On the next page, I’ll take a look at some of the other versions of Fedora that use the KDE, LXDE and XFCE desktop environments.
There has always been a bit of a split between KDE and GNOME users, with each sect promoting its desktop of choice. The nice thing about Fedora is that you can use the default desktop version (which uses GNOME) or you can opt for the KDE version.
KDE has much to offer any desktop user via its cool Plasma desktop interface. You’ll also get some great KDE applications such as KOffice, Ktimetracker, Akregator, Kaffeine, KMail and many others.
Plus you can load your KDE desktop up with useful and fun widgets to enhance its functionality. There are also plenty of fun desktop games available too, including Kolf, KGoldrunner and numerous others.
So if you’re a KDE fan you should definitely check out Fedora KDE. See the about page for more details and a download link.
While KDE and GNOME are arguably more popular, you should note that there’s an LXDE version of Fedora available too. Fedora LXDE is geared towards those running older machines or who simply want a slimmed down desktop environment without the bells and whistles found in KDE or GNOME.
Here’s some background on LXDE from LXDE.org:
The “Lightweight X11 Desktop Environment” is an extremely fast-performing and energy-saving desktop environment. Maintained by an international community of developers, it comes with a beautiful interface, multi-language support, standard keyboard short cuts and additional features like tabbed file browsing.
LXDE uses less CPU and less RAM than other environments. It is especially designed for cloud computers with low hardware specifications, such as, netbooks, mobile devices (e.g. MIDs) or older computers. LXDE can be installed with many Linux distributions including Ubuntu, Debian and Fedora. It is the standard for Knoppix and lubuntu.
Fedora LXDE is particularly well suited for netbooks and mobile devices as well as older computers. It’s definitely worth checking out if you are a minimalist or if your computing hardware is modest or aging.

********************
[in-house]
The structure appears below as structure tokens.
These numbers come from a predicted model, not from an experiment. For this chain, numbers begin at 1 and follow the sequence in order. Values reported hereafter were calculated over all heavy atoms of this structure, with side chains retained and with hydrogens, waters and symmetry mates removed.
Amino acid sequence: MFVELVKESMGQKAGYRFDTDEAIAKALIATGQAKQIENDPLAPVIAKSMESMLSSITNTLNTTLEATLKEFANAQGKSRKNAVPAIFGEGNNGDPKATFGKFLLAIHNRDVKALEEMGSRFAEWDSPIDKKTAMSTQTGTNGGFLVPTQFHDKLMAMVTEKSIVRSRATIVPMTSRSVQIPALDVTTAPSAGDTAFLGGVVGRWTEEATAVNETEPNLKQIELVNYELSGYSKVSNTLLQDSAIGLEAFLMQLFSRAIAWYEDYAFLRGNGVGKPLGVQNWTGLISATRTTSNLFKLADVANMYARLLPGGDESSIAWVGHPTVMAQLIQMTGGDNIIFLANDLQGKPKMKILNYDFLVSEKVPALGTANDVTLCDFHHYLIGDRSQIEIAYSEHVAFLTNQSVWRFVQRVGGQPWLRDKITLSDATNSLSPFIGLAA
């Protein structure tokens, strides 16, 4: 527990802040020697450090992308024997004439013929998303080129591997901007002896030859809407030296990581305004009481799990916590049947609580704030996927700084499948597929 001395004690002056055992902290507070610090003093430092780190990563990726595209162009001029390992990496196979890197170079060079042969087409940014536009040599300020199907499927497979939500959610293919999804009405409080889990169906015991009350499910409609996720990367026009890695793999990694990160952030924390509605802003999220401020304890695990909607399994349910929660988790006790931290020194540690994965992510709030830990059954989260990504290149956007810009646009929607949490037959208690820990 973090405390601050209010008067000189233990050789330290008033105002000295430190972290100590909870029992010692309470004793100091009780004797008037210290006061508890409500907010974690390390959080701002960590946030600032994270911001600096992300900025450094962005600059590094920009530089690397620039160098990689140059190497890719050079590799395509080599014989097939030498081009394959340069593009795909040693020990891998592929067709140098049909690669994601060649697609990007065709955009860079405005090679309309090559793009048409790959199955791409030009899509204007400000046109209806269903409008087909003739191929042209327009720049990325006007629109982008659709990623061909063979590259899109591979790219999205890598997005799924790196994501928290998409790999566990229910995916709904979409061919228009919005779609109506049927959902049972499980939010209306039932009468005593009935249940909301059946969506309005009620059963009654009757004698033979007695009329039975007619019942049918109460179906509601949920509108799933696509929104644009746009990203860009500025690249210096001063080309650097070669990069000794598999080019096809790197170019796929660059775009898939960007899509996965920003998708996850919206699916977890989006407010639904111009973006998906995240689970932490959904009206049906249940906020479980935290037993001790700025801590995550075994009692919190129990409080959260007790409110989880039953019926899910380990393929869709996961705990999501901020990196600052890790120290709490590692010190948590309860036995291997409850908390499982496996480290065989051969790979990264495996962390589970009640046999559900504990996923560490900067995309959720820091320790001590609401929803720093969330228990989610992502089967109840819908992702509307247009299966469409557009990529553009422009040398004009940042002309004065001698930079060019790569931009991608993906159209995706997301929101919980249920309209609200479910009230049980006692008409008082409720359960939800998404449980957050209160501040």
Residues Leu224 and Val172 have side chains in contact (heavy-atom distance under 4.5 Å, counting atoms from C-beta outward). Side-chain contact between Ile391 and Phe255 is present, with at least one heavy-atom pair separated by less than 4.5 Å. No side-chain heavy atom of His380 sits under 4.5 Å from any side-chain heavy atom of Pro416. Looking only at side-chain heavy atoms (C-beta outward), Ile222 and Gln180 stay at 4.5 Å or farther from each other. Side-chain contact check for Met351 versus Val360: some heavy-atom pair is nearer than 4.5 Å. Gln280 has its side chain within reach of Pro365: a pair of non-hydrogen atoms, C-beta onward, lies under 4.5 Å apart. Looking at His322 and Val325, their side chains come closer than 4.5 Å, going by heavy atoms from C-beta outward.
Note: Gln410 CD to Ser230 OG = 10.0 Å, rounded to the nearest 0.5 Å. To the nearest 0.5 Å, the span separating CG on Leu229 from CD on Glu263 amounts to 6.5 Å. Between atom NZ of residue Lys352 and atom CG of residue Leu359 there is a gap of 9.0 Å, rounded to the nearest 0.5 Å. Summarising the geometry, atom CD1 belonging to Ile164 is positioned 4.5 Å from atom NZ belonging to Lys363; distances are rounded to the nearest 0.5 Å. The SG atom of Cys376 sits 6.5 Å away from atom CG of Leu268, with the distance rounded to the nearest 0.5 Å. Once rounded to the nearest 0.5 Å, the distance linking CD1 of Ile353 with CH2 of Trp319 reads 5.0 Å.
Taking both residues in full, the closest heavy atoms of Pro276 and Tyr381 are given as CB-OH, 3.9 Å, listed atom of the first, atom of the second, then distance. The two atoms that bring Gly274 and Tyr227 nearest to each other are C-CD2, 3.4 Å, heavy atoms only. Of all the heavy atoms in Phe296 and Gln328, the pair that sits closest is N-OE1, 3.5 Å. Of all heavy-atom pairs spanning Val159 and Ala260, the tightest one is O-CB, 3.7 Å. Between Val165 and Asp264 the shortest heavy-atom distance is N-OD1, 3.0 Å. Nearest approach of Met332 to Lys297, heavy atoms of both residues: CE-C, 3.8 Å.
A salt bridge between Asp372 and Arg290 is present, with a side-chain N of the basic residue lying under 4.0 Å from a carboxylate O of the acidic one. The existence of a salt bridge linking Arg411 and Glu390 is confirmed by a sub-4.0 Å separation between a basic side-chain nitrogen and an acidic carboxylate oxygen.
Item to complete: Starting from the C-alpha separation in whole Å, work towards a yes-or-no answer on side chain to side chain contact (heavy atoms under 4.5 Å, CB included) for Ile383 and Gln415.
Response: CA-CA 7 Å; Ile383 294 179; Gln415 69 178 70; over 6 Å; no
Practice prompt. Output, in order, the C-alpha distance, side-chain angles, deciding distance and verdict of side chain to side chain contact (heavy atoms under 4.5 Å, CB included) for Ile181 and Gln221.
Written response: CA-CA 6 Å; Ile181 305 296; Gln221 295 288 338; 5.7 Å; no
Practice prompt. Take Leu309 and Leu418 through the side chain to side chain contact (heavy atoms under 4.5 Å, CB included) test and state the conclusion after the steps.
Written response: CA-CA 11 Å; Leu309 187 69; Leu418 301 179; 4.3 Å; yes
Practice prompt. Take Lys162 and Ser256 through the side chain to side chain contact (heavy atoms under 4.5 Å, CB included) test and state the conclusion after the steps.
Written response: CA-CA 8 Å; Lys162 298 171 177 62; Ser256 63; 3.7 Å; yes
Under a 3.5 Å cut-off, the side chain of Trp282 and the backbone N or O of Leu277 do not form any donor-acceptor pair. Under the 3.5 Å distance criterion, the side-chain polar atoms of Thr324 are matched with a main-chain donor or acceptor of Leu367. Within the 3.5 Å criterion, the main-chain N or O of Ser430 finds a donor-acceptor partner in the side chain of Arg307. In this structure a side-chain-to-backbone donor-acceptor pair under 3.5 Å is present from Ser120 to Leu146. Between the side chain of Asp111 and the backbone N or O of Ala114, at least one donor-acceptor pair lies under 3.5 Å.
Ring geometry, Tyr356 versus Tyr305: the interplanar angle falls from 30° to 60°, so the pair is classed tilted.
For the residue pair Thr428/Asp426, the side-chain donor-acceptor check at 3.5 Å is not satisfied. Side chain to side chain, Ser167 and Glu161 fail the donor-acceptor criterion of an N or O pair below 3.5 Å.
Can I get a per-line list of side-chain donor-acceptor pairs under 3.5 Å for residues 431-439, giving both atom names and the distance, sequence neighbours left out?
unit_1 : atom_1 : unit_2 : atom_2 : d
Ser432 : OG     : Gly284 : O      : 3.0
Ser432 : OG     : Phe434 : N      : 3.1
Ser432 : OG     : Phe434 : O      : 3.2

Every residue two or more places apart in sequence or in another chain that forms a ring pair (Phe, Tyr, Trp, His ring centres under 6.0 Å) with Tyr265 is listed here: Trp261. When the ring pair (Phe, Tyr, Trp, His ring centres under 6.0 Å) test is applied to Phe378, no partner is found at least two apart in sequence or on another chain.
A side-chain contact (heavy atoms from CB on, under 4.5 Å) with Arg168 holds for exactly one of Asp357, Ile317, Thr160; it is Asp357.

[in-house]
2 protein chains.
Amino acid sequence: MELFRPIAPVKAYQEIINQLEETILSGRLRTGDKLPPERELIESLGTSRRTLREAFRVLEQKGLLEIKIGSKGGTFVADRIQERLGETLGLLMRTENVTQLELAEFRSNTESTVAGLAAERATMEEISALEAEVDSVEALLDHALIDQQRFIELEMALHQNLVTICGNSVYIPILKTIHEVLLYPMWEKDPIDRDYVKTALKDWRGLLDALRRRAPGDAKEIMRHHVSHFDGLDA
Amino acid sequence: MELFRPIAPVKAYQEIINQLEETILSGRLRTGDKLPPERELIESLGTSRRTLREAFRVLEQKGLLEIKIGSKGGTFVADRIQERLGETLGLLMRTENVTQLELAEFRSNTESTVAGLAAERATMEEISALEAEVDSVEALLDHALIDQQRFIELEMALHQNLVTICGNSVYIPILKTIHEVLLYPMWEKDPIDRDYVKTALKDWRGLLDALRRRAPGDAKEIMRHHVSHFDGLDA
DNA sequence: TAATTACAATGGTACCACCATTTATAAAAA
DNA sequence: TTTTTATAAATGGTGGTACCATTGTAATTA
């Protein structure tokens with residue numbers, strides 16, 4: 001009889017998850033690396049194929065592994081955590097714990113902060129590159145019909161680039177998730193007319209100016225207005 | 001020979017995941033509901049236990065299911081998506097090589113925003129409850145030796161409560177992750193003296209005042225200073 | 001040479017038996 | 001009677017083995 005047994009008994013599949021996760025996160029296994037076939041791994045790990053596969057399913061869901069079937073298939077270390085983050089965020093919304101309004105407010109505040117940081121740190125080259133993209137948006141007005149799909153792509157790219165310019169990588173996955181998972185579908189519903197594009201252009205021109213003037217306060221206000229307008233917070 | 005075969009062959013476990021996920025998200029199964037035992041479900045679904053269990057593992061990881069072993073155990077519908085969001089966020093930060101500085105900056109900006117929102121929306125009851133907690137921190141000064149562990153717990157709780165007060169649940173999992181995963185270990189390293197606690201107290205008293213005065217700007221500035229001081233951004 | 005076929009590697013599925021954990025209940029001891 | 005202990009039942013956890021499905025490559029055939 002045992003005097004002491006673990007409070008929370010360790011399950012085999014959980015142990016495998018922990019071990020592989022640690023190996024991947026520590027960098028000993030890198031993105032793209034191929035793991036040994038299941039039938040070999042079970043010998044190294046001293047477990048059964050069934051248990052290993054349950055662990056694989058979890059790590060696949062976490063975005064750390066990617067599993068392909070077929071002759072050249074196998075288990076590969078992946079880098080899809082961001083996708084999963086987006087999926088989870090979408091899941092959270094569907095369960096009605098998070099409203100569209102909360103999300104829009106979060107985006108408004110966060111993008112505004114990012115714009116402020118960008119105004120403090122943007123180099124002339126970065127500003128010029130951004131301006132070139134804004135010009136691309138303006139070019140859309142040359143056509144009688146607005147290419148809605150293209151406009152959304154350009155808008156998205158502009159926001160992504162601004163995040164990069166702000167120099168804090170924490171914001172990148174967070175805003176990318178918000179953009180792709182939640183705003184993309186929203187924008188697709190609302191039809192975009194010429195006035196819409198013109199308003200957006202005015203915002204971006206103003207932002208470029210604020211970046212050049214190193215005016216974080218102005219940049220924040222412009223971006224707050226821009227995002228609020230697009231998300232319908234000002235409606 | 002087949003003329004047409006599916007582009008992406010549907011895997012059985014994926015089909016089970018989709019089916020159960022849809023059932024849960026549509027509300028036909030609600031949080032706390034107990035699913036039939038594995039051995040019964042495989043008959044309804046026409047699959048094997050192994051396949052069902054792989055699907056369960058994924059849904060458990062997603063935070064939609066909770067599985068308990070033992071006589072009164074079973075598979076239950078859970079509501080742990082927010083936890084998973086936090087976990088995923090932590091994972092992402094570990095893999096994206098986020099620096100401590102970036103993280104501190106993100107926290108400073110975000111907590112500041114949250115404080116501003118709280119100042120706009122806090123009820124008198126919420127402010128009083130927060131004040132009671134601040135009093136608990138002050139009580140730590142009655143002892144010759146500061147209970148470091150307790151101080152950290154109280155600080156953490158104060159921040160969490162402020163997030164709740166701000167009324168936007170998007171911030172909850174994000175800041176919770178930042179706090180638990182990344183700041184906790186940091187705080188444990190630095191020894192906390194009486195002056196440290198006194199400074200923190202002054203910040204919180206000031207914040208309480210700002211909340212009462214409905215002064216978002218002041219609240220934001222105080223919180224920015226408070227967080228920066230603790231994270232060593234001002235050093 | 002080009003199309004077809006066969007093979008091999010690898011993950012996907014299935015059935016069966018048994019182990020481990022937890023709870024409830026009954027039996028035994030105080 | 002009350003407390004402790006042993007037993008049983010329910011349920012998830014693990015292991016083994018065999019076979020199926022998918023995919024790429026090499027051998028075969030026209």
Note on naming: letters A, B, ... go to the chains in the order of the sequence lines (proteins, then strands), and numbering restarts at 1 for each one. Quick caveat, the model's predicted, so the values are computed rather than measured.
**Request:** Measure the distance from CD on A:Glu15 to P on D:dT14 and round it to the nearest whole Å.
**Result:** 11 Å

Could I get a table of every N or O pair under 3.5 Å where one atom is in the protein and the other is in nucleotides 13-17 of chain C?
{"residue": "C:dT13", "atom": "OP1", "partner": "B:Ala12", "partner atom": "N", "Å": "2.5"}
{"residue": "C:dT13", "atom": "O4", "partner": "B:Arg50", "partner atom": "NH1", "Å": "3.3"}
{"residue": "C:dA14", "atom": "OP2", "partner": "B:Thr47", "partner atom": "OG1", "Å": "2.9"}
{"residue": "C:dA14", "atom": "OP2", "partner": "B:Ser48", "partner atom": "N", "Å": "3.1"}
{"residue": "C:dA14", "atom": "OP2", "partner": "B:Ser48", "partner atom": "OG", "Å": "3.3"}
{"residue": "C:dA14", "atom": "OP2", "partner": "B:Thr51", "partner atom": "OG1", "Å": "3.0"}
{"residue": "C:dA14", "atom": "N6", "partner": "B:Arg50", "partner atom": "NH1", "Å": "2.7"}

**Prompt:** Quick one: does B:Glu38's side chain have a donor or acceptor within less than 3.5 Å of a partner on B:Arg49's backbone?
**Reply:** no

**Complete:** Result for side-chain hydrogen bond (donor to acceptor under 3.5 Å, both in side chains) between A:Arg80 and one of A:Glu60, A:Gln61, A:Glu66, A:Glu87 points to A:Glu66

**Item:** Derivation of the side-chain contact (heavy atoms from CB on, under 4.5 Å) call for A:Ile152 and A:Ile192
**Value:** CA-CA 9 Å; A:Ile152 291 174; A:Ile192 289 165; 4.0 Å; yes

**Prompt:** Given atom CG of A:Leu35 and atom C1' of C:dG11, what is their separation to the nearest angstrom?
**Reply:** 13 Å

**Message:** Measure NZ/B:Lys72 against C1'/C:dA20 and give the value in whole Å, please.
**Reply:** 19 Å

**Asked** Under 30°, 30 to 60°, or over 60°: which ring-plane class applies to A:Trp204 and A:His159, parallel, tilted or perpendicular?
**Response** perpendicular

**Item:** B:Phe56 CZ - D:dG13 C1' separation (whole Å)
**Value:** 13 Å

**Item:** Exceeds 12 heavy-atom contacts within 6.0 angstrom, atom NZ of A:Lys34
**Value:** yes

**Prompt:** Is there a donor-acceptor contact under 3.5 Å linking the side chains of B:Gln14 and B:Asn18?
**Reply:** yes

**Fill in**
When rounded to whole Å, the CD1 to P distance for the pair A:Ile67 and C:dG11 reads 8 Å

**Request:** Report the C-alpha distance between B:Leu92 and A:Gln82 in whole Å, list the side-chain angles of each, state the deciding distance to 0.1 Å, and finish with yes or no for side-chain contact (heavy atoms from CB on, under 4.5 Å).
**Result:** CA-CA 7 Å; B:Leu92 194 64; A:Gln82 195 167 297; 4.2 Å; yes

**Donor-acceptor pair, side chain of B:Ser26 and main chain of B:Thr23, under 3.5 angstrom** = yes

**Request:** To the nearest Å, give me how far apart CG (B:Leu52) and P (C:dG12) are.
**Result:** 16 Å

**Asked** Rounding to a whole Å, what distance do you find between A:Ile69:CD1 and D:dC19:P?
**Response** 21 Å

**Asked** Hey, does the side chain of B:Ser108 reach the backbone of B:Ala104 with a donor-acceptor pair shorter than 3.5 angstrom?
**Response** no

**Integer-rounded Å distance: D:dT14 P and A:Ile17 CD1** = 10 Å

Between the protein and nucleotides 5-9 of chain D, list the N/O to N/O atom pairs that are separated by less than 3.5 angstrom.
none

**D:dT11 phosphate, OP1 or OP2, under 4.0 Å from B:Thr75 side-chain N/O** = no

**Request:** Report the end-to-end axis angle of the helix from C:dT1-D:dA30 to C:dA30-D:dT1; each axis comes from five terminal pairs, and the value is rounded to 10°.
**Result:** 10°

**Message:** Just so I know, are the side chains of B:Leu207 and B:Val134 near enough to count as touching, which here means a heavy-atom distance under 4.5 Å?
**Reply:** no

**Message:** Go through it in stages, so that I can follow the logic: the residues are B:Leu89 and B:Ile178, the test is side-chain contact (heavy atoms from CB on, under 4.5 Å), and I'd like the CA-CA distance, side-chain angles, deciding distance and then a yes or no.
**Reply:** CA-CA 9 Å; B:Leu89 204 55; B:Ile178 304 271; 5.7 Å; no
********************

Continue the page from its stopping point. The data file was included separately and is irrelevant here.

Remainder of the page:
LXDE isn’t the only game in town if you need a minimalist desktop. Fedora XFCE has much to offer in that regard as well. The XFCE version of Fedora will give you the power of Fedora in a lightweight desktop environment that is perfect for older hardware.
If you aren’t familiar with XFCE, here’s a brief bit of background from the XFCE about page to fill you in:
Xfce is a lightweight desktop environment for UNIX-like operating systems. It aims to be fast and low on system resources, while still being visually appealing and user friendly.
Xfce embodies the traditional UNIX philosophy of modularity and re-usability. It consists of a number of components that provide the full functionality one can expect of a modern desktop environment. They are packaged separately and you can pick among the available packages to create the optimal personal working environment.
Another priority of Xfce is adherence to standards, specifically those defined at freedesktop.org.
Fedora XFCE is an excellent alternative to the more bloated desktop environments and should be considered by minimalists and those running aging or limited hardware.
Fedora Desktop Edition (GNOME)
As great as the other versions of Fedora can be, I can’t resist including the default version of Fedora that uses the GNOME desktop. If KDE, LXDE and XFCE don’t appeal to you then be sure to grab this version.
If you’ve never used Fedora Desktop Edition before, be sure to check out the features and screenshots page. There’s quite a lot of information on that page about Fedora Desktop Edition’s features and applications. Suffice to say it compares very well with the other Fedora spins and GNOME users will probably like it a lot.
As you can see, Fedora has a great deal more to offer than its default desktop version. It has become a jack of many trades and has penetrated a number of important niches. Although Fedora was popular before, its respins will probably help increase its popularity even more as more and more users find out about them.
The Fedora developers have taken what used to be regarded as a bit of a “fuddy-duddy” distro and turned it into a multi-faceted Linux distribution with great appeal to a number of important audiences. If you get a chance, check out whichever Fedora spin appeals to you most.
What’s your take on Fedora’s spins? Are you interested in any of them? Share your thoughts in the comments section below.